Bill Shorten visits a childcare centre in Ivanhoe to launch Labor's childcare policy
Bill Shorten visits a childcare centre in Ivanhoe to launch Labor's childcare policy

The childcare policies unveiled by Labor yesterday are eye-poppingly big: $4 billion across the forward estimates on subsidies. Half a billion to increase the pay of childcare workers over the forwards — but rising to $10 billion over the next decade as a long-term commitment to a 20% real increase kicks in. It’s a colossal intervention in the sector, and one that deserves more debate than purely about Labor’s political tactics.

Not that the tactical debate isn’t important. Having done the political hard yards of putting in place a range of unpopular tax measures to generate additional revenue, Labor has been relentlessly focused so far in the campaign on telling voters of all the goodies they’re going to get from them — in particular, in health.

Childcare subsidies continues the theme of telling voters the higher taxes (which fall predominantly on high income earners and wealthy seniors) come with the benefit of more affordable basic services. The Coalition wants to keep voters’ minds focused on the tax part of the equation, not the services, having admitted they can’t keep up with Labor’s spending commitments. And Labor’s pitch is primarily to low income and — partly — middle income earners.

The subsidies package will make childcare free or as near as for households making up to $70,000, then tapering back to 85% for households making up to $100,000, then tapering back to 60% for those making up to $175,000. All recipients of current subsidies will get over $1000 more a year.

The package would, at least for low income households, complete the transformation of childcare into a Medicare-style service. The next battleground will be a childcare version of “out of pocket expenses” driven by the charging of fees above the current hourly fee cap, though Labor promises the ACCC will be charged with pursuing “excessive fee increases and unscrupulous providers”. What constitutes “excessive” when the government pumps $4 billion in extra demand into an industry isn’t clear.

Curiously, it was not the use of taxpayer money to increase demand in the childcare industry that drew the wrath of employers — after all, they’re the beneficiaries of workers who will have more affordable childcare options. It was Labor’s commitment to fund an increase in wages for childcare that drew criticism.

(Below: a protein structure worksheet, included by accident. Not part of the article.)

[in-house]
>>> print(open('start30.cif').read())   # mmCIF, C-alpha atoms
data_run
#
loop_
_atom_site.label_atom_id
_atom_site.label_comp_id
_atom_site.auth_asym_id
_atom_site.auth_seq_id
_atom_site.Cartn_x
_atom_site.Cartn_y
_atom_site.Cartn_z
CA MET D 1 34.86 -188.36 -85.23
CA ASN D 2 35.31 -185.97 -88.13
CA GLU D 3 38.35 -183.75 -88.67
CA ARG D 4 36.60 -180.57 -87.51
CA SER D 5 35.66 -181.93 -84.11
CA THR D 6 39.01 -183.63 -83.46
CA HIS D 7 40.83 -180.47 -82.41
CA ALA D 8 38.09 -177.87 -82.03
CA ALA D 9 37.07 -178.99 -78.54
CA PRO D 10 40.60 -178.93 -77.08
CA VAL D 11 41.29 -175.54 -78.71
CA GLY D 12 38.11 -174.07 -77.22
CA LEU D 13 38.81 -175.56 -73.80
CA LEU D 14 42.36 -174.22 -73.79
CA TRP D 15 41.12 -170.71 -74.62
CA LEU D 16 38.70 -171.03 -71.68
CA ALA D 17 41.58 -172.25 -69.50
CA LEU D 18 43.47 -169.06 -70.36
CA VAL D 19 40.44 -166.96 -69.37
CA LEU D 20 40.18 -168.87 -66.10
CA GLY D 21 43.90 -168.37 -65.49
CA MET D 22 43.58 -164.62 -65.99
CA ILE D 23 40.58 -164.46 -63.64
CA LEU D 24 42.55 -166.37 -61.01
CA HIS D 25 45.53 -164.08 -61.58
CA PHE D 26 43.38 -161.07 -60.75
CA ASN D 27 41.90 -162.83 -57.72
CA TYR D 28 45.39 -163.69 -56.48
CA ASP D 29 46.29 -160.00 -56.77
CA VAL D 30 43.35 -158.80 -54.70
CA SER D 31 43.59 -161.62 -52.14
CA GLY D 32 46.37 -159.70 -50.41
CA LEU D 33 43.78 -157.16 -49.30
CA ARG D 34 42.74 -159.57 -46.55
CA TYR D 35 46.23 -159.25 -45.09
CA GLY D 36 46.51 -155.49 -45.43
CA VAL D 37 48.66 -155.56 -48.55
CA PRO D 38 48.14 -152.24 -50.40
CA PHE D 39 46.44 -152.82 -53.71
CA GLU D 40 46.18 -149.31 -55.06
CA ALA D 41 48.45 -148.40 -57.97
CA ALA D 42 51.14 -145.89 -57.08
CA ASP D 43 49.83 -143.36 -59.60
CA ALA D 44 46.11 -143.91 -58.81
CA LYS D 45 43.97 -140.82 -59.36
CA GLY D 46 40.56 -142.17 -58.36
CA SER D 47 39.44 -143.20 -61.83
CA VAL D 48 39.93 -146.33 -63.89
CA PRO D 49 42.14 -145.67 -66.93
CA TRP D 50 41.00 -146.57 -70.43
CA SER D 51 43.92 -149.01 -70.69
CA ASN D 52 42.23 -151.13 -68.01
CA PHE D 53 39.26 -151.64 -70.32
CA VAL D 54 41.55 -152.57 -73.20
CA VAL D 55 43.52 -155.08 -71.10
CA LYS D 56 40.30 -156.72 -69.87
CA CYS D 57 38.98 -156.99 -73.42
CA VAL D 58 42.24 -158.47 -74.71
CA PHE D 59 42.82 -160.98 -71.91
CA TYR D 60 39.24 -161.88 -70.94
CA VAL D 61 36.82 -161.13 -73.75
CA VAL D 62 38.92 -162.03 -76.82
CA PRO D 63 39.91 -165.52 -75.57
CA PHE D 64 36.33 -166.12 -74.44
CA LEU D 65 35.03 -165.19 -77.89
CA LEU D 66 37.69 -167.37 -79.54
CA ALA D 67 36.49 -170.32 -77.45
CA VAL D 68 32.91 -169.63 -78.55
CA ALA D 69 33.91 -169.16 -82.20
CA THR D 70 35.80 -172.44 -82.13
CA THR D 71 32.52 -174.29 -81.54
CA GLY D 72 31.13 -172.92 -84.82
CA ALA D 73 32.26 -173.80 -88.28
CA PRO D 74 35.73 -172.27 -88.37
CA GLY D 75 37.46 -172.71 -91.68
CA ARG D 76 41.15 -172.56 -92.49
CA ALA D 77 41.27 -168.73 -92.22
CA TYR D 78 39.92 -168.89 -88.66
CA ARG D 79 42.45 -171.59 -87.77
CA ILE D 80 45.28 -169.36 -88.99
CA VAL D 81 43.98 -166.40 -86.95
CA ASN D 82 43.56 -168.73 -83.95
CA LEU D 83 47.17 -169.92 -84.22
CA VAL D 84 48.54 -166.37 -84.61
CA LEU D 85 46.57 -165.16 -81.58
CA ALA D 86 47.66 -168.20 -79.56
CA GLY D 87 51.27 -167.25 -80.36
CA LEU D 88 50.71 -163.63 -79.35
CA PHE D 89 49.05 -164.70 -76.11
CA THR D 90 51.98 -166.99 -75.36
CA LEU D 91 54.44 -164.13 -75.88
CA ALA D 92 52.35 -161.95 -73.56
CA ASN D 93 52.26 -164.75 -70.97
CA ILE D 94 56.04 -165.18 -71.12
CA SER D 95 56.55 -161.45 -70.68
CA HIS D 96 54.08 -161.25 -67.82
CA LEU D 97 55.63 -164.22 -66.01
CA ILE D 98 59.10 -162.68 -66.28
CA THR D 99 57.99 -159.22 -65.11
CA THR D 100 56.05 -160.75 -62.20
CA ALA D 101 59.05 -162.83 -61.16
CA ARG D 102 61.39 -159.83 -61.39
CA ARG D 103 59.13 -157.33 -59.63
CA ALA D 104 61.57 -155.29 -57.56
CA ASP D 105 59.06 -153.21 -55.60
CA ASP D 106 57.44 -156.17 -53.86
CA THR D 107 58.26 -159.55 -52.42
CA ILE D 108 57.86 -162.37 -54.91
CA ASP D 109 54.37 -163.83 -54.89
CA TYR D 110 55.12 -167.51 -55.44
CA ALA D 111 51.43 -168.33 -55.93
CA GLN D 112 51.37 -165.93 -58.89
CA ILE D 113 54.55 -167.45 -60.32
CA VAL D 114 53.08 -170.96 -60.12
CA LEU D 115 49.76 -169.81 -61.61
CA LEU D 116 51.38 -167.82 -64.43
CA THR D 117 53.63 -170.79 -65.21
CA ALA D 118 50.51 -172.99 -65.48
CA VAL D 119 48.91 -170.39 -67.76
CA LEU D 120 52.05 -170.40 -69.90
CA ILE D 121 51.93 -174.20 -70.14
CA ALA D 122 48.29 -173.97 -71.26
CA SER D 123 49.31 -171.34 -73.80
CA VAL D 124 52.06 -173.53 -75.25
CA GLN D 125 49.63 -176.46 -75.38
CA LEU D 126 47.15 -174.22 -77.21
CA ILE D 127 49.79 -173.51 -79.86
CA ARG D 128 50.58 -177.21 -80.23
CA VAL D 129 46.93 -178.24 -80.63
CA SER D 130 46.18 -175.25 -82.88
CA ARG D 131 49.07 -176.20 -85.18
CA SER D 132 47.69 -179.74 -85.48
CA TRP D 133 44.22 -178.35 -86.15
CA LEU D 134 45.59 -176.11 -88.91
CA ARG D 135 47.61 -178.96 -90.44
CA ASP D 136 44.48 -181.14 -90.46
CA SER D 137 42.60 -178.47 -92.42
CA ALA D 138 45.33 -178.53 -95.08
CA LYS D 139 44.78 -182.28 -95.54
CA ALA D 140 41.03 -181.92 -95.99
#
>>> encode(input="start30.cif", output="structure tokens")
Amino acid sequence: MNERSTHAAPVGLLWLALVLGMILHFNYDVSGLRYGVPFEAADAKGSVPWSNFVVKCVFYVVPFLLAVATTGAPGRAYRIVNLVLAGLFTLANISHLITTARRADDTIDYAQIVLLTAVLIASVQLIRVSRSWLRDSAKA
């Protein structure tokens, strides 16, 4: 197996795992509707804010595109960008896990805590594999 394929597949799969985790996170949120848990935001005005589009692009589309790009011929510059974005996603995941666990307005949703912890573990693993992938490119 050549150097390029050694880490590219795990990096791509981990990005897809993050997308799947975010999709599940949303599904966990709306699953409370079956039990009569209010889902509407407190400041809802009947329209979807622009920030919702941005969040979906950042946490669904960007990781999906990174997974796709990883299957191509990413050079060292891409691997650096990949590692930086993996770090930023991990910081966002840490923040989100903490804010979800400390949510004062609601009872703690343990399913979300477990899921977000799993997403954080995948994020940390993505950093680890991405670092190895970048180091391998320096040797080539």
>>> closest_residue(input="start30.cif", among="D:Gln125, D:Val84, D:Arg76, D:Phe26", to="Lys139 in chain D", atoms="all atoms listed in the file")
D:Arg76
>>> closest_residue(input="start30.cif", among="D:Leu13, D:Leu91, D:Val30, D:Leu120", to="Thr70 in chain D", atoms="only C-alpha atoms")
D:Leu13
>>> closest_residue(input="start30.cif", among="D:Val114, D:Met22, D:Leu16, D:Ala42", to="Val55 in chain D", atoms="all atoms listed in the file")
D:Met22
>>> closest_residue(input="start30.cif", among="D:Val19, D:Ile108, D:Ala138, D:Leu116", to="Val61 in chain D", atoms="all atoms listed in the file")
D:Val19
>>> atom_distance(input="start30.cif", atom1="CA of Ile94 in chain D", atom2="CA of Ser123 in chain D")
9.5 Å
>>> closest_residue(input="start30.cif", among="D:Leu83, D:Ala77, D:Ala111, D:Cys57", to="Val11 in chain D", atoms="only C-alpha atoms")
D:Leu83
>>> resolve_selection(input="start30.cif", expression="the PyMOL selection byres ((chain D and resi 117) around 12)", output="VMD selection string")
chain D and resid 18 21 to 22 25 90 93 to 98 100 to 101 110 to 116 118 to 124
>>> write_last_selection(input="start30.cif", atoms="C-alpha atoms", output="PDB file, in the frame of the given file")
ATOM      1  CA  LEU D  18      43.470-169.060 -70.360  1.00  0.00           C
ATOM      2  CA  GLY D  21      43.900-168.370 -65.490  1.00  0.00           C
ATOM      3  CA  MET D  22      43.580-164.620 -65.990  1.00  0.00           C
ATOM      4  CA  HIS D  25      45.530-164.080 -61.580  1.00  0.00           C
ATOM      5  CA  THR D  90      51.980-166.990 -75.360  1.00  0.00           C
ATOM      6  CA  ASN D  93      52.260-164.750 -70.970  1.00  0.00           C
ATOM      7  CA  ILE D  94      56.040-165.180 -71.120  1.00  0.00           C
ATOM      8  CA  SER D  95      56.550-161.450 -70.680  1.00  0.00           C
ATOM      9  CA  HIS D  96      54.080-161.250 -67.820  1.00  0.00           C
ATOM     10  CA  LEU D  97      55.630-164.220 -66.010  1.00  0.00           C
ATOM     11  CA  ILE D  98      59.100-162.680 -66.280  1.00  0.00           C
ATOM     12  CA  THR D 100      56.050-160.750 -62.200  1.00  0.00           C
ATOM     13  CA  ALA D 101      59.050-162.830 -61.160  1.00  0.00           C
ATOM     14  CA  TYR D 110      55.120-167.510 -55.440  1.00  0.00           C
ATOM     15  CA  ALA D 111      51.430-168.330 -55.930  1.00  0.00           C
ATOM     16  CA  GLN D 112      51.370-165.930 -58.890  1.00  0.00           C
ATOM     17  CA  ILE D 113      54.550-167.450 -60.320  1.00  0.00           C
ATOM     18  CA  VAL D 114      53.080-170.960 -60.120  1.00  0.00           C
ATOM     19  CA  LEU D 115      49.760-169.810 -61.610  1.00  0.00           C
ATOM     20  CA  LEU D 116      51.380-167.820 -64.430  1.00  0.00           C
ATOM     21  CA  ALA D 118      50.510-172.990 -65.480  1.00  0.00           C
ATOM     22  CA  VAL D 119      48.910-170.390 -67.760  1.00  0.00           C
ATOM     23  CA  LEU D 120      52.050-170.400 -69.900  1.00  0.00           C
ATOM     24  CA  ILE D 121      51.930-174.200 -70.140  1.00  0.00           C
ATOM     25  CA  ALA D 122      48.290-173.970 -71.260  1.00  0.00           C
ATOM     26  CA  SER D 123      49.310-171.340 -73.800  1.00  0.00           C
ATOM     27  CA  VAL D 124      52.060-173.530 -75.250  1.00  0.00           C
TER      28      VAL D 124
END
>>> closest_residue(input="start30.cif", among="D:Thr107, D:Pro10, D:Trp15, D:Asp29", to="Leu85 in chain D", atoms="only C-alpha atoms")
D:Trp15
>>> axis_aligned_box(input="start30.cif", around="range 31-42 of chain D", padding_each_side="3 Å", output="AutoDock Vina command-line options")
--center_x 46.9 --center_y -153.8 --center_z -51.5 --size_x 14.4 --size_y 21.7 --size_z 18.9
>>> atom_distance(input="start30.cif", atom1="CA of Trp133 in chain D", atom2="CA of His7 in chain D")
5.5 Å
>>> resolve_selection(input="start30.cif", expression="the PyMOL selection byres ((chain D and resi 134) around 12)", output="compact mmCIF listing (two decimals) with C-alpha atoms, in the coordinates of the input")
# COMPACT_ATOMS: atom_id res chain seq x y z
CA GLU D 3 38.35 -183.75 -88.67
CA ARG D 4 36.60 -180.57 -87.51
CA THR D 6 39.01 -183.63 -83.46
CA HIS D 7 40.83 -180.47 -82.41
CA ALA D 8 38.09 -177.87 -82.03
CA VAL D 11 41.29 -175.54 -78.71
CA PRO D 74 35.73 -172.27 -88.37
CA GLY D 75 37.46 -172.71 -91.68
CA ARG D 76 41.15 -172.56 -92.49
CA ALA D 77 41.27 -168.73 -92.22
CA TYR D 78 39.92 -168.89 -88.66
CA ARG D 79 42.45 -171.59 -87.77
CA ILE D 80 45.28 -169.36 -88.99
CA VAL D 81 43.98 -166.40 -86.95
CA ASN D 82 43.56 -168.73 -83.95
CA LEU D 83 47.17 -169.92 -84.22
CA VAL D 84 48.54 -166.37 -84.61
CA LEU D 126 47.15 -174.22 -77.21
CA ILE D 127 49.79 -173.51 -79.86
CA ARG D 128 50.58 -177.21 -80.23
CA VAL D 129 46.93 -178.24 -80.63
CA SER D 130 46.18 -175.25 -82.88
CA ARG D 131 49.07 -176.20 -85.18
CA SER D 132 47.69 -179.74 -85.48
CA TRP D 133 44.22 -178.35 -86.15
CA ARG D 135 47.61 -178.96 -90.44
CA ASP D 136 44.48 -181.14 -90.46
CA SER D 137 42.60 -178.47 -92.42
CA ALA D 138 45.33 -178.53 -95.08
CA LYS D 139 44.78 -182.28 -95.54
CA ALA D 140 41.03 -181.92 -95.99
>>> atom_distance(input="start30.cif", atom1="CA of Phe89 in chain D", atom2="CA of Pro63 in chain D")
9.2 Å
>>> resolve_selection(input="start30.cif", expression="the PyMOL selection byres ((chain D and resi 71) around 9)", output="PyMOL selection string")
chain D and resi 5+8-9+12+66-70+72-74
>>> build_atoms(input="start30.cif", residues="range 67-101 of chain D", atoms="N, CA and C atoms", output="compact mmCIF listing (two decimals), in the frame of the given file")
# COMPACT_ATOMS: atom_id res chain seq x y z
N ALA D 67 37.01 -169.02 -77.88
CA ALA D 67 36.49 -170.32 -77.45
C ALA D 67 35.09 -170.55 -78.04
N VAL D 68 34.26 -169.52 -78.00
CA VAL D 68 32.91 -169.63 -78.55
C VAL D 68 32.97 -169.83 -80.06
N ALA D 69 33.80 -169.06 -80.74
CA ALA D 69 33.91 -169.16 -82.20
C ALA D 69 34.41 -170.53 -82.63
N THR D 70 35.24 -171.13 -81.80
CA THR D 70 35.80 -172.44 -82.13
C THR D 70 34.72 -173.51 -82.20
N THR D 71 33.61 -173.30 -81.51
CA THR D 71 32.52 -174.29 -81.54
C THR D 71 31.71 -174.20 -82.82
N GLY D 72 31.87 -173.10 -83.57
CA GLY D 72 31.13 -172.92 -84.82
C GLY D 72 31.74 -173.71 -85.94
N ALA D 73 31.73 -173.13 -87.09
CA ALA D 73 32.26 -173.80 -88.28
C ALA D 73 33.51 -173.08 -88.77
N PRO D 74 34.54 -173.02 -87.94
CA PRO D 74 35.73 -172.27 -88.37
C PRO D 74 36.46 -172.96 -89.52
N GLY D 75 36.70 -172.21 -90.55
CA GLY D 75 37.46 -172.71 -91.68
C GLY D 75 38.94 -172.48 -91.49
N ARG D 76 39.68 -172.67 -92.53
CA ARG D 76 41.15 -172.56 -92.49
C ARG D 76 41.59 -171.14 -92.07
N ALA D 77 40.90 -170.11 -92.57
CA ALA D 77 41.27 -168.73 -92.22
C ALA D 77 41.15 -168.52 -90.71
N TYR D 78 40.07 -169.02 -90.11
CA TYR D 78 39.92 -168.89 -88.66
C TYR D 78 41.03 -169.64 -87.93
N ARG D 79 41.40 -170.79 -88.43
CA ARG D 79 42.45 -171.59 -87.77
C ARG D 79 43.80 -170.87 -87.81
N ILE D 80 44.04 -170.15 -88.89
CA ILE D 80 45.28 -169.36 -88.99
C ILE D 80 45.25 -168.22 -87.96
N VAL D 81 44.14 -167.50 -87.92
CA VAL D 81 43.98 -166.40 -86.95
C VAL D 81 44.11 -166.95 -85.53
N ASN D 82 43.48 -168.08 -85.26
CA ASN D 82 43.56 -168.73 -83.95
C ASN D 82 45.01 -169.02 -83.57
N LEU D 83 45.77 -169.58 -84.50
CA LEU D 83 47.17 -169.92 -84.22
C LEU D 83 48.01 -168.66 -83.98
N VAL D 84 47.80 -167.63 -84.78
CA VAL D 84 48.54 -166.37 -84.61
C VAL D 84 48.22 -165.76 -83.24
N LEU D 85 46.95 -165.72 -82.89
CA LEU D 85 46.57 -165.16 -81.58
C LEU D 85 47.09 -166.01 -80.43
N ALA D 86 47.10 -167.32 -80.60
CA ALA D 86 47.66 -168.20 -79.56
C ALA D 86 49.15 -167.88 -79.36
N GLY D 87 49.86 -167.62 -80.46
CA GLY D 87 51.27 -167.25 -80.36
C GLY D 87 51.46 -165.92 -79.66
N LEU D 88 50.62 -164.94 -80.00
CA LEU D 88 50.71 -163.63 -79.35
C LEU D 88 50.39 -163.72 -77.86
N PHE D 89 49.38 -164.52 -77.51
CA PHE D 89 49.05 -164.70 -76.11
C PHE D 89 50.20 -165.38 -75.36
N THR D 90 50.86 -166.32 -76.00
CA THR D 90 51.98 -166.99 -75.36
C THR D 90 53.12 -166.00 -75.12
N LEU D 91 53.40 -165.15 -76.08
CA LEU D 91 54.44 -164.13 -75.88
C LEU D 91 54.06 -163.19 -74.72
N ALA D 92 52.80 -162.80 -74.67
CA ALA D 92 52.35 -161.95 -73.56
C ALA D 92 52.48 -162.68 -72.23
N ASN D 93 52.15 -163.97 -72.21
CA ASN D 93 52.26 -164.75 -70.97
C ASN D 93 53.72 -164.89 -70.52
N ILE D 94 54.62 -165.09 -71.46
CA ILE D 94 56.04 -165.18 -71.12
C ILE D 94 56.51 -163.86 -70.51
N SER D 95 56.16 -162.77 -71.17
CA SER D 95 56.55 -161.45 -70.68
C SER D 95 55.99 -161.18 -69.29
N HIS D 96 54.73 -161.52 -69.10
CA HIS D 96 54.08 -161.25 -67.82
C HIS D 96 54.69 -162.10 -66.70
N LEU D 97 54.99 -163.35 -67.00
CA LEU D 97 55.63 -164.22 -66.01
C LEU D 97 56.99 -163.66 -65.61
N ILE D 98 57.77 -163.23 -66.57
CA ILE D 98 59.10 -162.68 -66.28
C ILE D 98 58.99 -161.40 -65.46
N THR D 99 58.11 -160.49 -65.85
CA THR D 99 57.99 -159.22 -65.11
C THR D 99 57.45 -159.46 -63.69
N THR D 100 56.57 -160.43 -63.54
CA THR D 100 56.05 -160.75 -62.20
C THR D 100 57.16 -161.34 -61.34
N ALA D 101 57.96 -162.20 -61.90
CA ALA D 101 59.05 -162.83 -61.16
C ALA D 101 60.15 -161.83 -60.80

“The wages of childcare workers are paid by their employers, not by the government,” Innes Willox of the Australian Industry Group thundered. Worse, he warned, it would encourage workers elsewhere to demand wage rises. “How would unions or workers in other sectors be stopped making claims against taxpayers and ­employers for a similar 20% wage increase?”

James Pearson of ACCI echoed the complaint about “longstanding union demands for wage increases in other industries”.

It’s no wonder we have entrenched wage stagnation and our industrial relations debate hasn’t moved at all in a decade that employer groups react with anger to a proposal for government to fund increases in salaries in a targeted sector because unions might “make claims” for wage rises elsewhere. That’d be the unions that in a number of industries have barely been able to prevent their workers from going backwards in real terms for the last six years.

Labor’s 20% wage increase is designed to support the long-term transition of childcare to a more professionalised, if not fully professional, career, driven by a National Quality Framework that has increased staff-child ratios and qualification requirements for childcare workers to deliver higher quality care and integrate care into early childhood education.

The childcare workforce has notably lifted its qualifications but remain poorly paid despite the massive increase in government subsidies to the sector in recent years, with one in five early education workers reported to be considering leaving in 2016. The Centre for Independent Studies argues that the additional regulatory requirements of the National Quality Framework (NQF) should be stripped away to make childcare cheaper. That’s unsurprising for a right-wing think tank, but it also asks an important question:

Governments at all levels must also decide if the primary policy objective of supporting childcare is female workforce participation or the early education of children — as the regulation and funding of childcare currently work at crosspurposes.

Labor tries to address this tension with its wage subsidy — thus illustrating just how expensive it is to reconcile the two objectives. It has fully signed up to the early education agenda — much more so than the Coalition. It already has a $1.75 billion proposal to extend funding of preschool to three-year-olds (the only response from the government so far has been the weird LNP senate candidate who suggested it was some sort of socialist conspiracy). 

Labor’s plan would also further enhance a notable tendency of the current government — to pump more money into female-dominated service industries, driving up female employment, female participation and female wages growth via health and care industries like aged care and childcare. As Australia becomes ever more a service economy, its need for some services grows apace.

Peter Fray

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Peter Fray
Editor-in-chief of Crikey

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